Nanoengineers at the University of California, San Diego are one step closer toward developing a new breed of wearable devices that can easily detect the blood sugar levels of diabetic patients without requiring them to prick their fingers every day.

Graduate student Amay Bandodkar and his colleagues at the Nanoengineering Department at the Center for Wearable Sensors of the Jacobs School of Engineering at UC San Diego have developed a proof-of-concept temporary tattoo that can be attached to the patient's skin to detect the spikes in glucose that happen after a meal rich in carbohydrates.

The tattoo consists of carefully patterned electrodes printed into a thin piece of paper that can be applied to the skin for 10 minutes. The electrodes send sodium ions into the skin to extract glucose-carrying fluids from between the skin cells. The electrical charge produced by the glucose, which is measured by sensors built into the tattoo, will be used to determine the patient's blood sugar levels.

"Presently, the tattoo sensor can easily survive for a day," says Bandodkar. "These are extremely inexpensive - a few cents - and hence can be replaced without much financial burden on the patient."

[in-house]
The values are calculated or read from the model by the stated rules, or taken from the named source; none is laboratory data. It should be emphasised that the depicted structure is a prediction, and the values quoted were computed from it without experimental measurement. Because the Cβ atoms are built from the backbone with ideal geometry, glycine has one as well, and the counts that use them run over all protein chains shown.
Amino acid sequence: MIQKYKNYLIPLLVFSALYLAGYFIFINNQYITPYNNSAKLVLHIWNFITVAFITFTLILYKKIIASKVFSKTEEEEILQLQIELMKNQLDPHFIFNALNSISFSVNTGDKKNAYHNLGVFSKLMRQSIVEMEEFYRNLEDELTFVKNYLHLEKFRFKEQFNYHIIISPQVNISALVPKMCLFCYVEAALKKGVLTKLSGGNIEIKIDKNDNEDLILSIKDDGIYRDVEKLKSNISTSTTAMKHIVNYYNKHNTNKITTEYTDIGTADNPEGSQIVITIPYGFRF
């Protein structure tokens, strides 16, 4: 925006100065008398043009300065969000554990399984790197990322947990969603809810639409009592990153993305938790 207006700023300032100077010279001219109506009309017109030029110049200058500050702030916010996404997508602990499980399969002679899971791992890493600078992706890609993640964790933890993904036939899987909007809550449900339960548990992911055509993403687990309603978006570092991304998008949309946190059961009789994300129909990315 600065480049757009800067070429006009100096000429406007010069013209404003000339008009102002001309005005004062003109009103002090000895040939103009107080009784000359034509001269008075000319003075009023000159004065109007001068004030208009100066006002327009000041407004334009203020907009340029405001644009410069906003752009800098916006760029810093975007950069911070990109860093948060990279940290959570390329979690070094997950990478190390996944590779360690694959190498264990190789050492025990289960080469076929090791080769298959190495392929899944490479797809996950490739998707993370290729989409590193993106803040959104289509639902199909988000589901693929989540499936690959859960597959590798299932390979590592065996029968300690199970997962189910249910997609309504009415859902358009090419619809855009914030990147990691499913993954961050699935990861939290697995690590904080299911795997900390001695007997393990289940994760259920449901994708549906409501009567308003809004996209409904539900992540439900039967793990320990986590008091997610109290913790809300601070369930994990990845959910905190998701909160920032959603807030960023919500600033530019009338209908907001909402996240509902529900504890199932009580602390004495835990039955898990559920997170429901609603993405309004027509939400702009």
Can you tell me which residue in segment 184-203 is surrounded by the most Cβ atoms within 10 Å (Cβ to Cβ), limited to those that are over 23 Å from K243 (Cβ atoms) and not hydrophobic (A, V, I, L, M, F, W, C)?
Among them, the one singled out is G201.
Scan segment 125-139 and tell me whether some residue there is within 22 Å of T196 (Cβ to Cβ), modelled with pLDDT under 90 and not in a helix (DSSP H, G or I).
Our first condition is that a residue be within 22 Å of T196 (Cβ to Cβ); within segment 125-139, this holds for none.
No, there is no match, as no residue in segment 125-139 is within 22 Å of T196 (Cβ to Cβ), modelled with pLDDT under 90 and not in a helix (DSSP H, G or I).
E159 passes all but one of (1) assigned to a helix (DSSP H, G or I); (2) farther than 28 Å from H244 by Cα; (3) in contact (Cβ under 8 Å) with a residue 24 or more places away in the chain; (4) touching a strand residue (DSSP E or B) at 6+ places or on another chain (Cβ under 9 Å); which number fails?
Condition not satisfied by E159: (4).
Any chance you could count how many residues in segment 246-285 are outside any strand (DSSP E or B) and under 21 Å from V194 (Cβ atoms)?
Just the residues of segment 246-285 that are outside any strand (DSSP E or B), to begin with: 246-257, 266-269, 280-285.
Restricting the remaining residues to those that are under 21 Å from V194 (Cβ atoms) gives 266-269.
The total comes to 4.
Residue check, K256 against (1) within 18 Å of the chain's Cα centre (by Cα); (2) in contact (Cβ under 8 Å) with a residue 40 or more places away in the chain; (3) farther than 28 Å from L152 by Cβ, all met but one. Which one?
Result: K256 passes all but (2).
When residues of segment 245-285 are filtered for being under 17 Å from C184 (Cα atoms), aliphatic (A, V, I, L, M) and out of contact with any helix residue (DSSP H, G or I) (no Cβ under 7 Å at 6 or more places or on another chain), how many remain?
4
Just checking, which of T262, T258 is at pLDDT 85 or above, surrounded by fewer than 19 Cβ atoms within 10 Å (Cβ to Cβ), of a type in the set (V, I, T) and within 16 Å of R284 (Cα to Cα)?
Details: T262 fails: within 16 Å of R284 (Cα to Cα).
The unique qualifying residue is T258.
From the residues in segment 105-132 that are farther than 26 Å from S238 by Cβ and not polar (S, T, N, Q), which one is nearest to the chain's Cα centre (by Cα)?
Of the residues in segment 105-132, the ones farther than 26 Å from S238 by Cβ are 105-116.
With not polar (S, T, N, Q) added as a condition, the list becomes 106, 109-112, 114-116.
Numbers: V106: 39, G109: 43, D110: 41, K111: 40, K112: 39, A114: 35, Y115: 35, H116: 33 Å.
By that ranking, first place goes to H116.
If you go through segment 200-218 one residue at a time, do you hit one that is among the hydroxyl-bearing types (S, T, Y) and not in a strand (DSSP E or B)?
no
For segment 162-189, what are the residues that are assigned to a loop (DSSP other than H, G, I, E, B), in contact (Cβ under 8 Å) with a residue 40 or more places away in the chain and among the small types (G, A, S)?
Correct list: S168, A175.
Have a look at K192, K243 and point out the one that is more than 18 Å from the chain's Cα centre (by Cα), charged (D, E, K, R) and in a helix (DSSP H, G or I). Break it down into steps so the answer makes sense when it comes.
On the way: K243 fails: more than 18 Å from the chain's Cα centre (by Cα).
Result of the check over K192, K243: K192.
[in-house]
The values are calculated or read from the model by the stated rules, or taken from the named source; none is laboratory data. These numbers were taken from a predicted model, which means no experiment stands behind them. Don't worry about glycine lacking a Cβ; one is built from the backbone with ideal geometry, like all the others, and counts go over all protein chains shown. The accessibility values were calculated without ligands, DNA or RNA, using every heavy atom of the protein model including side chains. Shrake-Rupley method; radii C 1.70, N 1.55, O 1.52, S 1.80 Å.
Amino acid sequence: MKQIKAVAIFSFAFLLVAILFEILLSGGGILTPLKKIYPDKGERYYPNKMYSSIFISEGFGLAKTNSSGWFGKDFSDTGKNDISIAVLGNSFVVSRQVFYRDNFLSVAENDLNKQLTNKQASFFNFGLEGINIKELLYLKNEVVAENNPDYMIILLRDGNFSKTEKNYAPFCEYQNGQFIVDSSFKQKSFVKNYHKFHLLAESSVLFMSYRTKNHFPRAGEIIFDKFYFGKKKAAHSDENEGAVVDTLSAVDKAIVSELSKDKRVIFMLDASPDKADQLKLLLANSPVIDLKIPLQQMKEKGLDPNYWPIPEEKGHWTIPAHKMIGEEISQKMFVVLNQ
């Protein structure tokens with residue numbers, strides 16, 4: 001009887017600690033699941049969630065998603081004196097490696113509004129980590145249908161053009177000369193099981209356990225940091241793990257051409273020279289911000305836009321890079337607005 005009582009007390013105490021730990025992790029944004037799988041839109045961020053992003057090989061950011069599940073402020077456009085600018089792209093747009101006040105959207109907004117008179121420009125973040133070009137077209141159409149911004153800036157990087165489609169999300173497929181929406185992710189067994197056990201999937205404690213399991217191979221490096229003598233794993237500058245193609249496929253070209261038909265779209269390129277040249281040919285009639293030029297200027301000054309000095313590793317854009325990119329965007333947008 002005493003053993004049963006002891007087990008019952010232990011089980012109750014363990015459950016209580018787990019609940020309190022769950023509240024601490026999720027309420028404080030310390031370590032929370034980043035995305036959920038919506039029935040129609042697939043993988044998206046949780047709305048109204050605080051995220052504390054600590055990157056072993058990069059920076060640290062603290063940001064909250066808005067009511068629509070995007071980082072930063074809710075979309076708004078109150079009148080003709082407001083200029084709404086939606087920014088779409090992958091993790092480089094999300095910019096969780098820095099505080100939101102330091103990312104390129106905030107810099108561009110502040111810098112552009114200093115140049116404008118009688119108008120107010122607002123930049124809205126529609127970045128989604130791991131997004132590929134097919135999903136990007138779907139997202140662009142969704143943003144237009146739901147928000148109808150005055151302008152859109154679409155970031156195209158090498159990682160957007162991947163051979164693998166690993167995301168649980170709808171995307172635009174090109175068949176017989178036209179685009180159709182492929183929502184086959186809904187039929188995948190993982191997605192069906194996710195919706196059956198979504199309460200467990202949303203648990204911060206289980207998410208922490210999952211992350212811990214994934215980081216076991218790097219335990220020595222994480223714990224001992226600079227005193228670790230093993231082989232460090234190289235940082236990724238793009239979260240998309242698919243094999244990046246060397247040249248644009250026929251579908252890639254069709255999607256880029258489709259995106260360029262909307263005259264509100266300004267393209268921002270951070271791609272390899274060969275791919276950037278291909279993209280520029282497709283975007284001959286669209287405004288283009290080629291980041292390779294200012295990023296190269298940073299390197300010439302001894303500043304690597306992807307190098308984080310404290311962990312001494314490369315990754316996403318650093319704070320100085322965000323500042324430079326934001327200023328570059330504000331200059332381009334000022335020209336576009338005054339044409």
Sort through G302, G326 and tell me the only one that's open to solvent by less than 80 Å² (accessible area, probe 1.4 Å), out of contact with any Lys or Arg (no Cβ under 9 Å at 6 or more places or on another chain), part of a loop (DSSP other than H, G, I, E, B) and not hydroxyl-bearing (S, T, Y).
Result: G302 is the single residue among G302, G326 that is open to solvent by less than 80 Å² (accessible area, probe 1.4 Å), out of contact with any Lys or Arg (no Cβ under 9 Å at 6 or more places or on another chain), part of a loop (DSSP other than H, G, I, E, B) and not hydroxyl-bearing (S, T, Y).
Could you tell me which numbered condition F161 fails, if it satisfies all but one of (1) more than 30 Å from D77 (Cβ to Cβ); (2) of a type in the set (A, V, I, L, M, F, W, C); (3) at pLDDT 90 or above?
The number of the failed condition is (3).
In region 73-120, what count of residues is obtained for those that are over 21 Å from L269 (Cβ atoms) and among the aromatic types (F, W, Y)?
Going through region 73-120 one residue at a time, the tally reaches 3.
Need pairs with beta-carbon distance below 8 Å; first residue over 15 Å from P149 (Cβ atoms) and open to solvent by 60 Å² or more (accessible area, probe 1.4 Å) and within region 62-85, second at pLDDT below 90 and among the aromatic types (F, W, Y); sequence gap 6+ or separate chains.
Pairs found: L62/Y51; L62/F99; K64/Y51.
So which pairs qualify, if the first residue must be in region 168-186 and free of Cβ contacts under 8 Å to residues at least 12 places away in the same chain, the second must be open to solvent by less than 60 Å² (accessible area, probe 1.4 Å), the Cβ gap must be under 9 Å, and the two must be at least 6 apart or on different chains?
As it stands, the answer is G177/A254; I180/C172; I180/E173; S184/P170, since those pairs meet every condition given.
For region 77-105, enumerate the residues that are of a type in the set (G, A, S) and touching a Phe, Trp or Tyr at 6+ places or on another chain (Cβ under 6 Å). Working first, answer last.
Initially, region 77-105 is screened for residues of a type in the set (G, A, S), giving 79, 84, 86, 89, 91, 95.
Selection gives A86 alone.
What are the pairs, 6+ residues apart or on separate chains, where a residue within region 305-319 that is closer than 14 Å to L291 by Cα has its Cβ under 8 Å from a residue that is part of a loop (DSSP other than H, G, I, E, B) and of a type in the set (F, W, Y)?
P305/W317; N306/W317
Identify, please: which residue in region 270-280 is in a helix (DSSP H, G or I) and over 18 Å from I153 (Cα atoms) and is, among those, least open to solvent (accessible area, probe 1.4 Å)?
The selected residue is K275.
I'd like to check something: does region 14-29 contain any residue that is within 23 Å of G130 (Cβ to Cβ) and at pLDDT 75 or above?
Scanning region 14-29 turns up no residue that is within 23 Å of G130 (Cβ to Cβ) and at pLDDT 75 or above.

A report [pdf] published by the researchers in the Analytical Chemistry journal shows the tattoo has already been used to determine the glucose spikes in seven men and women with no history of diabetes. The volunteers, aged 20 to 40, were asked to eat a meal of sandwich and soda in the laboratory. The tattoo was then placed on their skin to detect the increase in glucose levels that normally precedes such a carbohydrate-rich meal.

None of the volunteers reported any feeling of discomfort during the test, while only "a few" people said they felt a mild but not uncomfortable feeling of tingling during the first 10 seconds the tattoo was applied.

For now, the tattoo can only detect the glucose spikes but not provide a specific numeric value of the patient's blood glucose levels. The feature is still currently in development, Bandodkar says. In the future, the final product will be able to provide a numeric readout and will have Bluetooth capabilities so it can send the information to the patient's doctor or store it in the cloud.

The tattoo can also be used to measure other important chemicals in the body, such as lactate, a metabolite used by athletes to gauge their fitness levels. It can also be used to determine levels of alcohol, illegal drugs, or other substances in the body as well as evaluate how well medicines are being absorbed.

The researchers' vision is to use these glucose tattoo sensors "to continuously monitor glucose levels of large populations as a function of their dietary habits." Bandodkar says information retrieved from a wider population could help researchers learn more about the causes and prevention of diabetes, a disease that affects millions of people worldwide.

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